Dr Robert Jay Lifton THE NAZI DOCTORS:
                        Medical Killing and the
                            Psychology of Genocide ©
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kill not just Jews but all Jews. As I suggested in chapter 6, there is evidence that a specific order for the Final Solution was issued by Göring to Heydrich on 31 July 1941 but was actually requested by Heydrich and drafted by Eichmann.65 Much of the impetus for the order may have come from below the highest levels of Nazi authority, but always as expressions of known desires of Hitler and the people around him. One plausible view is that Hitler, without issuing any such decree under his name, made fully clear to close subordinates that he wanted the threshold crossed, wanted to implement the genocide of Jews. In this combination of drift and deliberation — and it is significant that scholars are uncertain about whether a single order bringing about the Final Solution can be identified66 — a point is reached at which a collective understanding takes shape that the designated group is to be annihilated. Collective understanding quickly becomes collective will as perpetrators join in the process on the basis of perceptions of what is expected of them, calling forth prior inclination and adaptive doubling. With the Nazis, that genocidal process was probably well under way before the introduction of a systematic plan for the genocide, as reflected in Himmler’s discussions with Höss about creating a Jewish death factory in Auschwitz.

That genocidal threshold requires extensive prior ideological imagery of imperative. One has to do this thing see it through to the end for the sake of a utopian vision of national harmony, unity, wholeness When Hitler wrote in Mein Kampf that this world belongs only to the forceful whole man and not to the weak half man he was speaking for the special virtue of those who are strong, hale and healthy, cured.*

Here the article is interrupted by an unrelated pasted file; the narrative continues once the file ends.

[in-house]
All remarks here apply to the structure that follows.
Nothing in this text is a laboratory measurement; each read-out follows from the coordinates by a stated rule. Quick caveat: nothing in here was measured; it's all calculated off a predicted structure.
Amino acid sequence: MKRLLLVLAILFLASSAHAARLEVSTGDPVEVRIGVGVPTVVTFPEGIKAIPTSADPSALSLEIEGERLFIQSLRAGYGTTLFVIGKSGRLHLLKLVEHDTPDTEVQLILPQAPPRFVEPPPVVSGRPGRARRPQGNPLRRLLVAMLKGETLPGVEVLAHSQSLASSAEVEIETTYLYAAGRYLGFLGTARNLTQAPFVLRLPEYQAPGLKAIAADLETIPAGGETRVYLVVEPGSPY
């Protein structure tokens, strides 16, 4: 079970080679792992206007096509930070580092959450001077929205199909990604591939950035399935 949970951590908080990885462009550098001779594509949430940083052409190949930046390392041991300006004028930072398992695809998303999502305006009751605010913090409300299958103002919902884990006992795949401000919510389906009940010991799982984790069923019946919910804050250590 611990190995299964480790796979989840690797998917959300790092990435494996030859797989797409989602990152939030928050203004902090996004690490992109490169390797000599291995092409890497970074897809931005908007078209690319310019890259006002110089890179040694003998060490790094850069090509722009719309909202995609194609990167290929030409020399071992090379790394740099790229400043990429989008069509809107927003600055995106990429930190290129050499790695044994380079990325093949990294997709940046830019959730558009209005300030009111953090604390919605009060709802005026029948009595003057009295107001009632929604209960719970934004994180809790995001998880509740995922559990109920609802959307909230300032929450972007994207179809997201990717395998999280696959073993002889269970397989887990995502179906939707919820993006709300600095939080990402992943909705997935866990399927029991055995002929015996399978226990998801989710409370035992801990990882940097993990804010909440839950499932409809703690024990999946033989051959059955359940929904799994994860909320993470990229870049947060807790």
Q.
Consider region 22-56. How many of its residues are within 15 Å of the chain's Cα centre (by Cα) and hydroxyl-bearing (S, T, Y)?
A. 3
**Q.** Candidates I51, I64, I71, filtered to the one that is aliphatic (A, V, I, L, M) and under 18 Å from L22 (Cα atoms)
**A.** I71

That vision was more fundamental for the Nazis than was any single myth about the Jews (such as that of the world-destroying intent of the Elders of Zion) as a warrant for genocide. The warrant is developed more broadly from many sources that feed the image which associates destruction of the entire collectivity of designated victims with the robust revitalization of one’s people and race. There is likely to be a prefiguring or rehearsal in the form of a prior, smaller genocidal event in the case of the Nazis, the direct medical killing or “euthanasia” project. The smaller genocide develops the technology (poison gas) personnel (medical units) and institutional structures (killing centers) for the larger genocidal act. But the prior event does something more it provides a shared sense notably among the élite that it can be done that one can move from relatively amorphous imagery of victimization and triage to the act of total murder; and that it seems to work — a problem is solved, there is a sense of achievement, a movement toward health.

Early perpetrators become a scientific and moral élite and form a spiritual engine of biological necessity. The rest of the population is not deemed ready for full knowledge; there is an ambivalence between se- […crecy]
* Hitler’s preceding sentence reads (with his emphasis): “If the power to fight for one’s own health [he had been speaking of “decay” brought about by prostitution and syphilis] is no longer present, the fight to live in this world of struggle ends.”67   
Medical Killing and the
Psychology of Genocide

Robert J. Lifton
ISBN 0-465-09094
© 1986
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